The issue in Slate Management was straightforward.  The applicant argued that it had intended that its amalgamation of three corporations would achieve a specific tax outcome by using the “tax bump rules” under paragraph 88(1)(d) of the Income Tax Act (Canada).  However, it failed to attain the sought after tax outcome because it undertook the amalgamation in one step instead of sequential amalgamations in two steps.  The question before the Court was whether the applicant had a continuing intention to achieve the tax outcome by using the tax bump rules.  The Court found that, on a balance of probabilities, there was a continuing intention.  The application was allowed and the applicant was awarded $20,000 in costs.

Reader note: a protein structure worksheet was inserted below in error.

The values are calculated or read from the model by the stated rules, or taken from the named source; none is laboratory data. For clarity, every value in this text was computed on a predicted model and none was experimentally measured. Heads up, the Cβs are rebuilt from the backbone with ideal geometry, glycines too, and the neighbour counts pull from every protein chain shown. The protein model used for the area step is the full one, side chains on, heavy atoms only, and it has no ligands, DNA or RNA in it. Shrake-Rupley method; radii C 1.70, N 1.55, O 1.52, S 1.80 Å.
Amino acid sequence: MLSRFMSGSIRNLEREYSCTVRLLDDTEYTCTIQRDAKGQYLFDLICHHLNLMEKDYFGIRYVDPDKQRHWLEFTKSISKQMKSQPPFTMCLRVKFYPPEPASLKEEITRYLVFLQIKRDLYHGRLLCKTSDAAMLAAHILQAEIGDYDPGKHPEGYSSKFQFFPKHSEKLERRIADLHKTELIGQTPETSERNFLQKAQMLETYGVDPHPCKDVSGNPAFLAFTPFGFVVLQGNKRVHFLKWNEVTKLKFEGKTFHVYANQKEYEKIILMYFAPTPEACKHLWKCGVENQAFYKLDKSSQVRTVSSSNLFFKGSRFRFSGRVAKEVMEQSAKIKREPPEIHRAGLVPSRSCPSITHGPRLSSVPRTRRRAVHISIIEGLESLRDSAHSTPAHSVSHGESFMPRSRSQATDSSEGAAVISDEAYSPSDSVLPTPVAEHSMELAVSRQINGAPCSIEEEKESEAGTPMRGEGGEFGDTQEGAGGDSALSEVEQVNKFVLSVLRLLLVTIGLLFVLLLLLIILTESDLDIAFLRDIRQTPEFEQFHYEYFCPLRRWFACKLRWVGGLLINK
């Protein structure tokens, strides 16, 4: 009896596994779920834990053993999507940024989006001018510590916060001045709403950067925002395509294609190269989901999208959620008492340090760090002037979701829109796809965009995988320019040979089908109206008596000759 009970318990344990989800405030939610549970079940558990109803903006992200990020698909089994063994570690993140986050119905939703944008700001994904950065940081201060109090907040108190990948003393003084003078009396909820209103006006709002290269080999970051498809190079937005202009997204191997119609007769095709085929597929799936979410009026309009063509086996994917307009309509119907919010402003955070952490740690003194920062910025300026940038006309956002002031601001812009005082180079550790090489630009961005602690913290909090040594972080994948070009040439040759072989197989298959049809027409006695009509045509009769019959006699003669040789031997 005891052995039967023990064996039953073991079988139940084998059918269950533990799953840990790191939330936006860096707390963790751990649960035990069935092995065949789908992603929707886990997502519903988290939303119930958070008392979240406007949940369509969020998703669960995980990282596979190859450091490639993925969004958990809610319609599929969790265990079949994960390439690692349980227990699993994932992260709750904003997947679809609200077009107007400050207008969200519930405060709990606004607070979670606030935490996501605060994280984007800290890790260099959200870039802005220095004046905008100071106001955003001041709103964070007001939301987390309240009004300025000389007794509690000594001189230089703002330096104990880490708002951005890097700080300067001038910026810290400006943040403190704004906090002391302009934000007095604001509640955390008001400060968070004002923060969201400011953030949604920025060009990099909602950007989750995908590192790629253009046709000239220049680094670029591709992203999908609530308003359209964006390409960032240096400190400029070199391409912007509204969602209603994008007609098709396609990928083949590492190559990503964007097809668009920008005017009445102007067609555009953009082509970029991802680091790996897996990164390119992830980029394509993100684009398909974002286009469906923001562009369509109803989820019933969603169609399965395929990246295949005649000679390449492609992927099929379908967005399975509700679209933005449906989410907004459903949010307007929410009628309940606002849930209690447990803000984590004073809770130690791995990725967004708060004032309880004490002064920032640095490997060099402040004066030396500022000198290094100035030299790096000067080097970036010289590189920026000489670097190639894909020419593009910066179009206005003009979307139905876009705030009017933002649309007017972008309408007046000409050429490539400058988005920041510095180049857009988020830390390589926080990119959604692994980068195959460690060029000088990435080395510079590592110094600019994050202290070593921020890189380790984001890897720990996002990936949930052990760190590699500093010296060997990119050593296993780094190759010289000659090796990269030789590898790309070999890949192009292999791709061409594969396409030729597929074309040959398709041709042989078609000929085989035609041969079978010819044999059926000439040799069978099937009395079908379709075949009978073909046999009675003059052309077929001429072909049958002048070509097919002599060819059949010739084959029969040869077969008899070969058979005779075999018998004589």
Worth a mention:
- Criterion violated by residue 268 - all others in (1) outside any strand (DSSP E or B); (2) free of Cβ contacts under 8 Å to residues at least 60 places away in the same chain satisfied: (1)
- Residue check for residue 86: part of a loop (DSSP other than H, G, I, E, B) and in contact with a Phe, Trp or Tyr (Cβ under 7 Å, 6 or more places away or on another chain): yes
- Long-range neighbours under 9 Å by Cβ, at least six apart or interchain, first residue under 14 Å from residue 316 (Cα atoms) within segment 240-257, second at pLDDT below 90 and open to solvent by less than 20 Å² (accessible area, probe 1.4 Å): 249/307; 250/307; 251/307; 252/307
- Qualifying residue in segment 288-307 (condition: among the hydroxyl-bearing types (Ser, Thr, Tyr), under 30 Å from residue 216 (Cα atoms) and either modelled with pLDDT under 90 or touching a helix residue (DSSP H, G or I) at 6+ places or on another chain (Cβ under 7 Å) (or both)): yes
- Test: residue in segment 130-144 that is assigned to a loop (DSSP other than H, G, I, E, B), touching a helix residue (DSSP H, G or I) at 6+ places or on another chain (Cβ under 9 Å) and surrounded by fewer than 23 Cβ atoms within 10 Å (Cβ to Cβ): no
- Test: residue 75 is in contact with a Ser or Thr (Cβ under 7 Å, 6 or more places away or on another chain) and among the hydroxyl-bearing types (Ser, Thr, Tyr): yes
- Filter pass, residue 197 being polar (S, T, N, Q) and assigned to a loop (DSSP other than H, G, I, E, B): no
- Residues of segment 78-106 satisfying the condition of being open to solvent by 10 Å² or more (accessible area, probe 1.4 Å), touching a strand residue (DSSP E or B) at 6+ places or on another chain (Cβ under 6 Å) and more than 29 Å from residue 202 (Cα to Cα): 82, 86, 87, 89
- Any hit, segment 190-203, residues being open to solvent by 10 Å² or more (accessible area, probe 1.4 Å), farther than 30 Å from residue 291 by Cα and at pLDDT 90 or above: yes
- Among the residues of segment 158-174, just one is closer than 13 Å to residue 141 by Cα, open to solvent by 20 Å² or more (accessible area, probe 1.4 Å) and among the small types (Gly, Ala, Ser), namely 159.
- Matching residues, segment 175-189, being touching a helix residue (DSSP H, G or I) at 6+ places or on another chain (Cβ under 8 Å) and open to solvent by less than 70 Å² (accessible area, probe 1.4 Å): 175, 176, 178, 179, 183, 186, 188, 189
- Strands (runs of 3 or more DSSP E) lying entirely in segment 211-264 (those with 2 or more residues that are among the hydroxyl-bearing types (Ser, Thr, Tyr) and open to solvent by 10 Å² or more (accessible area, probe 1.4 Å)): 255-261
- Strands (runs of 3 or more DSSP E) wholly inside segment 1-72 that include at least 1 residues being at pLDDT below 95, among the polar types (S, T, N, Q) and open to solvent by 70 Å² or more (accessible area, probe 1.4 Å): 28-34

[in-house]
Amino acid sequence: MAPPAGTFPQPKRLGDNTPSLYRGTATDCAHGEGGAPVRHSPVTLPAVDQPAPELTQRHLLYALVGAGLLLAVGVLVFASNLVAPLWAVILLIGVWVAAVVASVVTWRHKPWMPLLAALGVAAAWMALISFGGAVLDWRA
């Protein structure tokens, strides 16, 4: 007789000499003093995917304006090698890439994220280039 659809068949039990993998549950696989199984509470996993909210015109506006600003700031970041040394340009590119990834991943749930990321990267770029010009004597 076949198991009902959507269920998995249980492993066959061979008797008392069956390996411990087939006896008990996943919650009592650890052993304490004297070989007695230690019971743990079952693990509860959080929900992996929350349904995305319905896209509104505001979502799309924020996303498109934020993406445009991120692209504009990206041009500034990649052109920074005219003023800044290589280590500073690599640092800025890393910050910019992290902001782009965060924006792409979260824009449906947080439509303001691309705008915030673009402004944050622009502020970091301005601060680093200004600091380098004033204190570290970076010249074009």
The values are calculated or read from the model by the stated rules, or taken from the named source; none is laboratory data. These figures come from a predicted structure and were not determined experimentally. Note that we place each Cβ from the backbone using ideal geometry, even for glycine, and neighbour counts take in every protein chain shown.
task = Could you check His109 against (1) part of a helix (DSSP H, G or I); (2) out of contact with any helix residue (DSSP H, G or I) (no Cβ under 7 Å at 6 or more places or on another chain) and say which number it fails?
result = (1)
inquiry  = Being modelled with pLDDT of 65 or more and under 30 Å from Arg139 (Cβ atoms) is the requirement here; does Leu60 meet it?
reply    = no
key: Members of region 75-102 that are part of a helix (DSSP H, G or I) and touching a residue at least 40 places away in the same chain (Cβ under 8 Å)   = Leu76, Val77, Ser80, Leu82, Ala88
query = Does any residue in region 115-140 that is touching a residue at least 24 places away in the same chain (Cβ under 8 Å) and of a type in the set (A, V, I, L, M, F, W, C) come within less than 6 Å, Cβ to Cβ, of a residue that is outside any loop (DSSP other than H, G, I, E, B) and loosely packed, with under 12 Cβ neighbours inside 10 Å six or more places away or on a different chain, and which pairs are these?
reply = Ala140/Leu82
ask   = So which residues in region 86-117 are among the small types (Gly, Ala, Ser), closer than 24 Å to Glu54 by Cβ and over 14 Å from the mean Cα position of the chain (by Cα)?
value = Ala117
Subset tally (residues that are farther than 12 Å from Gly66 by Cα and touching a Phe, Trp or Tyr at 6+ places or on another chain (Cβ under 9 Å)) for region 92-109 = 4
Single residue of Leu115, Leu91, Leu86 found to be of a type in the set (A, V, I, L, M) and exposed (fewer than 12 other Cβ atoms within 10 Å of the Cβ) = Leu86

The Attorney General of Canada appealed Justice Hainey’s decision to the Ontario Court of Appeal and immediately made a motion to have the matter held in abeyance until after the Supreme Court delivers the Fairmont and Jean Coutu judgments.  The Court of Appeal agreed and ordered that the appeal be held in abeyance until 30 days following the release of the Supreme Court decisions.[i]

[1] 2016 ONSC 4216 (Commercial List).

[2] Docket number 36505.  Summary of the case.

[3] Docket number 36606.  Summary of the case.

[4] [2001] 4 CTC 45 (Ont. C.A.).

[5] 2015 ONCA 441.

[i] Attorney General of Canada v. Slate Management Corporation (August 30, 2016), Toronto C62491 (Ont. CA).

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Imperial Oil Resources Limited: FCA rules that there is no refund interest on amounts subject to remission